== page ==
Thanks, buddy.

Hauled immediately to a Vatican dungeon, Carnesecchi spent his last 15 months in prison, under interrogation, and sometimes on the rack.

“They would fain have me say of the living and of the dead things which I do not know, and which they would so fain hear,” Carnesecchi pleaded in (futile, intercepted) letters to old associates from the Curia. He admirably refused to incriminate anyone, but was convicted in September 1567 on 34 counts of obstinate heresy. They can all be read here — headlined by that hallmark of rank Protestantism, justification by faith alone.

Carnesecchi was stripped of his ecclesiastical ranks and his property, and turned over to the secular arm — the latter hypocritically “beseech[ed] … to mitigate the severity of your sentence with respect to his body, that there may be no anger of death or of shedding of blood,” which was, of course, the very intent and the effect of turning him over. Carnesecchi met his fate sturdily; his Catholic confessor complained that he was more interested in bantering ideas than penitence for his wrong opinions, and showed no proper fear of death.

In 1569, Pius V bestowed the title of Grand Duke of Tuscany on Cosimo.

Carnesecchi, long obscure to posterity, was exhumed almost literally when the Napoleonic Wars gave anti-clerical factions the opportunity to ransack secret Roman Inquisition archives. His meter-long file passed into a succession of private hands and was finally published in the mid-19th century, and as a result there are several public-domain volumes about the heretic in addition to the one we have already cited. Some of the original documents, with English translation, can be read in this volume; Italian speakers might give this one a go.

* There are a few citations out there for October 3. I can’t find a definitive primary source, and it may be that the original records are themselves ambiguous, so I’m going with the bulk of the modern and academic citations in favor of October 1.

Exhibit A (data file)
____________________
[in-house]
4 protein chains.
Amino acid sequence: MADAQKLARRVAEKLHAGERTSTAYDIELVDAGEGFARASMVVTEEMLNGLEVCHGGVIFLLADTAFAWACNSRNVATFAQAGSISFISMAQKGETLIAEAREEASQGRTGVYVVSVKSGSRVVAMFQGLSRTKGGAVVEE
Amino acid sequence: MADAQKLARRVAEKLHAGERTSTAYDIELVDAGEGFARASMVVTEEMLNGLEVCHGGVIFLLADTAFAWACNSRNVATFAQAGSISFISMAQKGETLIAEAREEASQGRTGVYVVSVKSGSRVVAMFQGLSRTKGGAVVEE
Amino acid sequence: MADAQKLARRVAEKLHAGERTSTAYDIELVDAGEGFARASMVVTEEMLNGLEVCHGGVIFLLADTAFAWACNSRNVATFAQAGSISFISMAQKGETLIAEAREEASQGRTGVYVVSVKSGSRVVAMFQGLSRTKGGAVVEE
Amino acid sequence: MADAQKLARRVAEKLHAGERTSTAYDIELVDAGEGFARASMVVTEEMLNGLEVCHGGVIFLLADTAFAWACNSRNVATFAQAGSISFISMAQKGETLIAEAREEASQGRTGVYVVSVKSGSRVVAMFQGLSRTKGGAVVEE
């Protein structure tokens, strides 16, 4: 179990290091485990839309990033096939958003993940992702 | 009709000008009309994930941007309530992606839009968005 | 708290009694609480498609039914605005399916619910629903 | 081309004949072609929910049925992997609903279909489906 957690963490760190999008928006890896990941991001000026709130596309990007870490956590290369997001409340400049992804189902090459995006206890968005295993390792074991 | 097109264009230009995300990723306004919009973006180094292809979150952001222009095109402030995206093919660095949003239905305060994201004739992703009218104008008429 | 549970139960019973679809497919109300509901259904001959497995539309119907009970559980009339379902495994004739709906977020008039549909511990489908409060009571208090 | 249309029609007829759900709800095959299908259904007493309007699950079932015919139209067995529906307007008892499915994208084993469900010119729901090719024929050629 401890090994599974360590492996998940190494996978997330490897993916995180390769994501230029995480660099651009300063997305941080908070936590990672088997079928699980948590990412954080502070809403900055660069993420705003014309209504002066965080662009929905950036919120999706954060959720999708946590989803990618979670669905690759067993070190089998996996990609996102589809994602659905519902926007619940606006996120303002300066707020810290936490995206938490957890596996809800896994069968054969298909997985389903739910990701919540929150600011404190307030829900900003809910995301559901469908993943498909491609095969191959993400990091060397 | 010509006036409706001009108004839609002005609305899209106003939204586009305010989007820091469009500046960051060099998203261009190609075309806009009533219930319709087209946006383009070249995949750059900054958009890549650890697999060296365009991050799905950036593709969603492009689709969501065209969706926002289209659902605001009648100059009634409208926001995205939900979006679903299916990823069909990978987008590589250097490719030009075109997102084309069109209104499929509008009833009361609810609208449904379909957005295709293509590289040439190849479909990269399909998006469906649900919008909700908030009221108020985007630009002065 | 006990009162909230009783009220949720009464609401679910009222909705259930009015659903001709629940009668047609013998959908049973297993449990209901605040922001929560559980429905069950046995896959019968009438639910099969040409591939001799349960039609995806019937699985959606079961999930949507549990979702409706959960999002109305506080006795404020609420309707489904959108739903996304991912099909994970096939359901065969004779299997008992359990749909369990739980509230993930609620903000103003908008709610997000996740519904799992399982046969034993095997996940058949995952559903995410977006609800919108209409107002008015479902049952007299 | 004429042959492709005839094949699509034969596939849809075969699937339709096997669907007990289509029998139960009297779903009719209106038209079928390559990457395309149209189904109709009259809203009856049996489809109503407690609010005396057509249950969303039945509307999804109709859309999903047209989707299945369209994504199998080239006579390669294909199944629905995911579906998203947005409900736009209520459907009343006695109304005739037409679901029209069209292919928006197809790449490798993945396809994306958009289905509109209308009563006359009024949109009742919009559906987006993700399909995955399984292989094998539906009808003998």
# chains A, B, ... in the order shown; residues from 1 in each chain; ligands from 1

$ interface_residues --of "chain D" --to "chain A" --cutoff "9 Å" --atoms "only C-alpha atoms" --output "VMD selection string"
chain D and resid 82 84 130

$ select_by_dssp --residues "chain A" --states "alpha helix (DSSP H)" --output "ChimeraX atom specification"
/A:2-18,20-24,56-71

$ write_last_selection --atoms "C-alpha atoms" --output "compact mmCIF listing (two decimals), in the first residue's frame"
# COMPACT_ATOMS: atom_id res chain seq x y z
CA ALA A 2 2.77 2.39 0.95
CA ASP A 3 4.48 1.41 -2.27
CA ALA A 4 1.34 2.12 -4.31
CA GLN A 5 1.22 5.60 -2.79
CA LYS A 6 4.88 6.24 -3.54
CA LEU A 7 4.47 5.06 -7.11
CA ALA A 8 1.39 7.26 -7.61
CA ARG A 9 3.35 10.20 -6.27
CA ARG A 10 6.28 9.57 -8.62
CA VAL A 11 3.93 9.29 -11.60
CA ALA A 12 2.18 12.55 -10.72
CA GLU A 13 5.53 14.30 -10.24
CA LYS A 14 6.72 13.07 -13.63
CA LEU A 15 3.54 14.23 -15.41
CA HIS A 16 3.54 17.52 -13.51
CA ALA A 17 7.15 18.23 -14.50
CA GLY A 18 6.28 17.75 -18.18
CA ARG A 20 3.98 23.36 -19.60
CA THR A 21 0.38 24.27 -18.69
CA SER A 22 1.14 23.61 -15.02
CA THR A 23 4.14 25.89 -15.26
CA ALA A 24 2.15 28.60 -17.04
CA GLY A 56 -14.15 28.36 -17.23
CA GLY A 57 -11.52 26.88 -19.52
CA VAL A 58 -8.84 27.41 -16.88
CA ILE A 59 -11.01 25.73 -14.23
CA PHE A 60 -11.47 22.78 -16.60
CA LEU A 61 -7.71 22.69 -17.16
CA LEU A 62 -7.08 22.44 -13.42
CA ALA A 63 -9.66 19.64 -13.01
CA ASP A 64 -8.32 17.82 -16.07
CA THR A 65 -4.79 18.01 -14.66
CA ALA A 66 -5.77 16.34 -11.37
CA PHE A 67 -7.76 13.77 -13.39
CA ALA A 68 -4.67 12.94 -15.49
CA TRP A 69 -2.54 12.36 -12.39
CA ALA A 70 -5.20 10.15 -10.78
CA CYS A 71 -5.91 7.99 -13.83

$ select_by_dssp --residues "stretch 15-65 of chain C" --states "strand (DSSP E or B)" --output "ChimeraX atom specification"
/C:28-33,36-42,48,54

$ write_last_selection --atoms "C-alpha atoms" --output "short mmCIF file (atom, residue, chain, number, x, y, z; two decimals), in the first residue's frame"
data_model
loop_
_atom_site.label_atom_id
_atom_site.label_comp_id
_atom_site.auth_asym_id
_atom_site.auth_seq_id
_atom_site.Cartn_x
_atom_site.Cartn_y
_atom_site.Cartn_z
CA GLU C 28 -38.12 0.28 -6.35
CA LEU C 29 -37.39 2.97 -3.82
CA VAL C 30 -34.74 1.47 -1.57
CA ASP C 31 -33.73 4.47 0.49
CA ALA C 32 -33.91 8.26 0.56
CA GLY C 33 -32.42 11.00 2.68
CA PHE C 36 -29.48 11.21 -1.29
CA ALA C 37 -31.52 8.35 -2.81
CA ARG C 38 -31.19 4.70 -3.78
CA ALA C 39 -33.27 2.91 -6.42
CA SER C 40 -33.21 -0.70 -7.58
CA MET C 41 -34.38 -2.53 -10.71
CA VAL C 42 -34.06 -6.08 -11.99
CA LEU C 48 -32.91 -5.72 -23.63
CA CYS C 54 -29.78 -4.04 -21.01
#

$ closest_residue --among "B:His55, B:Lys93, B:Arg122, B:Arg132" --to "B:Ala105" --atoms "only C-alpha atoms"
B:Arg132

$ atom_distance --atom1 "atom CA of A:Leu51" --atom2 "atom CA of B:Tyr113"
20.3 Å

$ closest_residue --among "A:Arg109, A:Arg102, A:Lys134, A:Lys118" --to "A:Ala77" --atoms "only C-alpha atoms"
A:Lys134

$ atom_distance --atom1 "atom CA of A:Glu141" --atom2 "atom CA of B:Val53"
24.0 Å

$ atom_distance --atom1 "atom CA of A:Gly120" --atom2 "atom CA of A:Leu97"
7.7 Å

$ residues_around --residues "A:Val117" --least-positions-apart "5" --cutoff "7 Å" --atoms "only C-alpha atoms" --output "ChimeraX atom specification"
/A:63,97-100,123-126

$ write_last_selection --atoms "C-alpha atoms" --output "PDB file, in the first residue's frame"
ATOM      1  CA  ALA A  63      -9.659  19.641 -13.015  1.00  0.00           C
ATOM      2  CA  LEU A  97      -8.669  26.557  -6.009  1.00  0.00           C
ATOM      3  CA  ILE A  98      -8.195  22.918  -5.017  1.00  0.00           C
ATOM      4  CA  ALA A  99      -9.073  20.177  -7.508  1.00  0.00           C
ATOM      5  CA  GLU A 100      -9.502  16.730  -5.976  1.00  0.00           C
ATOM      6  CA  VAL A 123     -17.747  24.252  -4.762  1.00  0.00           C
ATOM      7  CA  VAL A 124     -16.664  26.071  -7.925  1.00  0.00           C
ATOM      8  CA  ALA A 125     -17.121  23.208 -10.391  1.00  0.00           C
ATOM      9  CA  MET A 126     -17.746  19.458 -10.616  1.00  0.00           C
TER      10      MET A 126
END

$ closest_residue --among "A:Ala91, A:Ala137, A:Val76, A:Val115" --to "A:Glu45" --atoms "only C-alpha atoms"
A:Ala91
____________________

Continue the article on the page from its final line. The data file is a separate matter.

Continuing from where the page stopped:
** Anglos may recognize Pius V as the pope whose bull explicitly releasing Catholics from their allegiance to Queen Elizabeth put English followers of the Old Faith in an untenable position, much to the grisly profit of this here blog.

On this day..

Entry Filed under: 16th Century,Beheaded,Burned,Capital Punishment,Death Penalty,Execution,God,Heresy,History,Intellectuals,Italy,Papal States,Political Expedience,Power,Public Executions,Religious Figures,Torture

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1533: John Frith and Andrew Hewet, Protestants

2 comments July 4th, 2010 Headsman

Life is all about timing.

Death too.

This date in 1533 saw John Frith and Andrew Hewet burned to ashes at Smithfield for Protestantism … just a week before Henry VIII himself was excommunicated from the Catholic Church.

A Cambridge man who’d picked up some heresy in Lutheran Germany, Frith was a friend of William Tyndale and did a couple of turns in English prisons for his various transgressions of orthodoxy.

He was finally nabbed by a warrant of then-Chancellor Thomas More before he could escape to the continent, and hailed before a doctrinal court for sacramentarianism.

During his examination by the bishops, Frith stated that he could not agree with them that it was an article of faith that he must believe, under pain of damnation, that when a priest prayed during the mass, the substance of the bread and wine were changed into the actual body and blood of our Savior Jesus Christ, even though their appearance remained the same. And even if this was so, which he did not believe it was, it should not be an article of faith.

Foxe’s Book of Martyrs

(Said transubstantiation hypothesis remains Catholic doctrine to this day, but at least it’s no longer worth your life to dispute it.)